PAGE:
From one of my favorite authors and former NASA engineer:
What’s painful is my conclusion that as a people, as a government, and as a country, we don’t seem to care if we can put astronauts into space or not.
How did we get to this sorry state? Where are those days when every American boy and girl dreamed of flying to the moon, Mars, the very stars; when an entire country was energized to set sail on a new ocean? President John F. Kennedy said it best in September 1962: “No nation which expects to be the leader of other nations can expect to stay behind in this race for space. . . . We mean to be a part of it—we mean to lead it!”
And we did. We put our sweat, intellect, money and the very souls of our astronauts into that marvelous enterprise—and succeeded. Who would have imagined that one July morning in 2011, when the Space Shuttle Atlantis touched down at the Kennedy Space Center, that America’s manned space program would come to an end?
To answer his question about how we got to this “sorry state,” I believe it is due to terrible lack of emphasis on and quality in teaching science to young people.
While I love CBS’s Big Bang Theory, I suspect many — because they’ve never been exposed to anyone who is a real scientist — think all scientists fit into that funny caricature. I do speeches on scientific innovation and tapping it for economic gain, but few are interested — in spite of the large profit potential!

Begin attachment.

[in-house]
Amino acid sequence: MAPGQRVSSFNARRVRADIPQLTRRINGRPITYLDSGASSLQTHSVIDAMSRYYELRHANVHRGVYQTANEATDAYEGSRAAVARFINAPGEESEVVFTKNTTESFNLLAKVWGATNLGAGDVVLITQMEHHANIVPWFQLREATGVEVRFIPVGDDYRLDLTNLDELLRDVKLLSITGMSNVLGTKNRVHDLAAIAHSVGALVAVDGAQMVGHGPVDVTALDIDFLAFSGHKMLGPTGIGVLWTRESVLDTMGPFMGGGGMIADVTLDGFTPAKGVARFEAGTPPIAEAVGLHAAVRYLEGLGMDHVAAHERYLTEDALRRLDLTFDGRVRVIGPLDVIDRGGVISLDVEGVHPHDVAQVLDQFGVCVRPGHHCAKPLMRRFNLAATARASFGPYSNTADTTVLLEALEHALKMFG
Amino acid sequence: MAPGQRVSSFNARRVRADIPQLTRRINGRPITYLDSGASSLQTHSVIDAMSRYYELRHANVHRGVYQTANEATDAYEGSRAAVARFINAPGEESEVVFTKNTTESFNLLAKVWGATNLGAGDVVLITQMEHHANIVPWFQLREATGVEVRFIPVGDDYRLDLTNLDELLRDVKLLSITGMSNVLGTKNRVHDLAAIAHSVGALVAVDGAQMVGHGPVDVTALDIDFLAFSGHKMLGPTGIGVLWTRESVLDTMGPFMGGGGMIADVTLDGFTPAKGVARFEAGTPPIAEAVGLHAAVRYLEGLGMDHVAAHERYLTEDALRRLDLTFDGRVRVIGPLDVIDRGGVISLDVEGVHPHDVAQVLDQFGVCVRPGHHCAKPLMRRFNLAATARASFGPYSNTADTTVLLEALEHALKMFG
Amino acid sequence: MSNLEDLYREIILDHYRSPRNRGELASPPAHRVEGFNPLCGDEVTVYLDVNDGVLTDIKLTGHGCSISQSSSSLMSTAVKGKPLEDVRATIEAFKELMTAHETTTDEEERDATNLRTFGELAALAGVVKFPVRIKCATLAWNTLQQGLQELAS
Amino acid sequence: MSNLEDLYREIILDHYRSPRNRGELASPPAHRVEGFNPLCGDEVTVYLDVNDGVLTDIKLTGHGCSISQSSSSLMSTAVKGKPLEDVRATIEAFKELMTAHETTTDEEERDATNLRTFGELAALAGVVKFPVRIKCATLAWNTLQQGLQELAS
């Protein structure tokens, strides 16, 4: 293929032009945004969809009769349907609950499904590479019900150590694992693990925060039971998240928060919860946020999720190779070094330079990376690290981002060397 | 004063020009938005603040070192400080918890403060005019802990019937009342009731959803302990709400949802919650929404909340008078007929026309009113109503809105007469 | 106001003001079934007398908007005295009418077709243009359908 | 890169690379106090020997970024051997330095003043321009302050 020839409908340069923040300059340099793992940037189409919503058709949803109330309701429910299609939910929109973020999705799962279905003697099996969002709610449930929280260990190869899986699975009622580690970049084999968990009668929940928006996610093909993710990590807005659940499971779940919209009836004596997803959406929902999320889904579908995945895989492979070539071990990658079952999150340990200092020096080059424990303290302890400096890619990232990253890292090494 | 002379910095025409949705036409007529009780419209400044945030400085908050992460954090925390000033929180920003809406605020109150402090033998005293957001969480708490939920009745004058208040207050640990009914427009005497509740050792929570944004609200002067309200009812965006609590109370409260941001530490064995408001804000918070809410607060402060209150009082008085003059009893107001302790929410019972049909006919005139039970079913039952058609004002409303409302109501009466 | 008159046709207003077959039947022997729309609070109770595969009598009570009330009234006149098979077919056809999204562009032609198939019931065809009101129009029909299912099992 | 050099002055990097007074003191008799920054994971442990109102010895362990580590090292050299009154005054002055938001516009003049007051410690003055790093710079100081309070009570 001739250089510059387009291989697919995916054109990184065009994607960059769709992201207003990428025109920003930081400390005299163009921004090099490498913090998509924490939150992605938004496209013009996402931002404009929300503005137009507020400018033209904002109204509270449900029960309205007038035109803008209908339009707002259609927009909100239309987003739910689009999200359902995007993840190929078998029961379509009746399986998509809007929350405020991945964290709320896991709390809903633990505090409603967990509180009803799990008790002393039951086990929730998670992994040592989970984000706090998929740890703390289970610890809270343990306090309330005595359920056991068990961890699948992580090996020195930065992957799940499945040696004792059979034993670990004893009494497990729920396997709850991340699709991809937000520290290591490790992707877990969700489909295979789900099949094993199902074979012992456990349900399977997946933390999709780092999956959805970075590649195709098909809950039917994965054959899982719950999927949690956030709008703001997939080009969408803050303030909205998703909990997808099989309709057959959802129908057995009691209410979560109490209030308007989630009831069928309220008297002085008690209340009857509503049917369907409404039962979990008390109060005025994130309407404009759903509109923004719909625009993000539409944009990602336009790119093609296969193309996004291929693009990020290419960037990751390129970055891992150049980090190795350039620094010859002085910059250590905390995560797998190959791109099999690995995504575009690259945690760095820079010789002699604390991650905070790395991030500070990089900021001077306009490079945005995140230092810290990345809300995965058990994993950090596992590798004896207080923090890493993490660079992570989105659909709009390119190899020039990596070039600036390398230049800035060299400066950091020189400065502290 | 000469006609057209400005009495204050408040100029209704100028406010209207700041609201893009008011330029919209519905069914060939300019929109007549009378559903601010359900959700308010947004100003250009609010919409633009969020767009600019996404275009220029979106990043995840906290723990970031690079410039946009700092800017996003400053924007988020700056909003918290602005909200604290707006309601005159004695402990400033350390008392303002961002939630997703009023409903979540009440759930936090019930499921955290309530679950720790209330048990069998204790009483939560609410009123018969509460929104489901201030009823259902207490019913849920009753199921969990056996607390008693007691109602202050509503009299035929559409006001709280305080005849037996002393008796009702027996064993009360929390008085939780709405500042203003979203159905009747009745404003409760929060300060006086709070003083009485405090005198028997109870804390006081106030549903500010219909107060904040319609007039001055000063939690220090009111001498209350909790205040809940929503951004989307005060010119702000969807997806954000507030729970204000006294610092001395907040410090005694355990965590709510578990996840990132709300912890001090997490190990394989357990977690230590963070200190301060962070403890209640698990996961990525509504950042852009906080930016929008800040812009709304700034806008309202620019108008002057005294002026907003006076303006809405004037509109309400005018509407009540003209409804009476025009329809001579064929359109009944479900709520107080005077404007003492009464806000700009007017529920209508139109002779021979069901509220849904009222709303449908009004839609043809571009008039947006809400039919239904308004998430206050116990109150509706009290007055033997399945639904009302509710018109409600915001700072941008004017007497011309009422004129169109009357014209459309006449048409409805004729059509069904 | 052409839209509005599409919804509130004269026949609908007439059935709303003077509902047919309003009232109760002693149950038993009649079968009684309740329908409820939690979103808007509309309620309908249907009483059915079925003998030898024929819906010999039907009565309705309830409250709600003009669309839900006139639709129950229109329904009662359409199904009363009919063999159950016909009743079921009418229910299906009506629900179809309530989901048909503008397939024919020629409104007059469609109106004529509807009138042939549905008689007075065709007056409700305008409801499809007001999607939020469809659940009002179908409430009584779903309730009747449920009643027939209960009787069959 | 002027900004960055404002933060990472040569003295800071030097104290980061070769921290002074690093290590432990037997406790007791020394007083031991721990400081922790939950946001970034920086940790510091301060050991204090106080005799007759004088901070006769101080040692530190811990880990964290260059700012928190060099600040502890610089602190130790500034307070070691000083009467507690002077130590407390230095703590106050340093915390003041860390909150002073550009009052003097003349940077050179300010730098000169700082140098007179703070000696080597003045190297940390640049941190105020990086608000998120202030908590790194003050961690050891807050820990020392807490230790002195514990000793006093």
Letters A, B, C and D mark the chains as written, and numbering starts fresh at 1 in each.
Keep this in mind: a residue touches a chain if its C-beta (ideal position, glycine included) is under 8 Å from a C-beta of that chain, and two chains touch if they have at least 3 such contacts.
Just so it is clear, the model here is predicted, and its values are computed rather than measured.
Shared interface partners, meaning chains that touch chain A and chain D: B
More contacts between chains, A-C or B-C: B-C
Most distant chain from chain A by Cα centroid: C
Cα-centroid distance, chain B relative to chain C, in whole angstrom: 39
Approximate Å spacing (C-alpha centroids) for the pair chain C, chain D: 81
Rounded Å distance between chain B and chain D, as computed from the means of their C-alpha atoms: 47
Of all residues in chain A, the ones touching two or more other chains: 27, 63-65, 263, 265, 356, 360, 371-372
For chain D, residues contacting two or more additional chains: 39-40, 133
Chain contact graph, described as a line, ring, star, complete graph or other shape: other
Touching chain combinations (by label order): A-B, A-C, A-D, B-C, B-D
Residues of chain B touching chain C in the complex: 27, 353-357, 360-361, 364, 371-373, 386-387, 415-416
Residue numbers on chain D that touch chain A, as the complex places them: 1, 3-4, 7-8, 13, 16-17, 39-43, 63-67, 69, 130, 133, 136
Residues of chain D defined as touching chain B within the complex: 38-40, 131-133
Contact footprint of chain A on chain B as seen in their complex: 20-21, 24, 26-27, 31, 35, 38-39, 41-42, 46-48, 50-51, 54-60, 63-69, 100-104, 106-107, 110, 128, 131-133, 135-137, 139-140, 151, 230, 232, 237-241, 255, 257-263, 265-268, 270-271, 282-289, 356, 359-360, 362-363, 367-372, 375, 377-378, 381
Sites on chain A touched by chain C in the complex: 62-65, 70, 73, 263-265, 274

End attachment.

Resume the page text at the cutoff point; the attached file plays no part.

I do agree with Mr. Hickam that many of the tools are in place for a turn around:
…educate the people to understand why spaceflight is important to our economic, social, moral and technical success as a nation. Sending your kids and teachers to Space Camp or the 48 Challenger Learning Centers across the country is a good start. There they can learn about the mathematical and engineering wonders behind Mission Control or join the crew of a simulated orbiting space station.
Fortunately, we’re in fair shape for a space rebound. There’s a miracle of the “God looks after fools, drunks and the United States of America” category called SpaceX, the amazing little California company that can. With a little steady seed money, SpaceX could put the Russians’ antique Soyuz spacecraft out of business and have our astronauts in space very quickly. Independent accountants say SpaceX could beat the Chinese and everybody else on the price per pound to orbit. Talk about jobs! Wouldn’t it be nice to be first again in a multibillion-dollar industry?
Sounds right to me. Lets make it happen!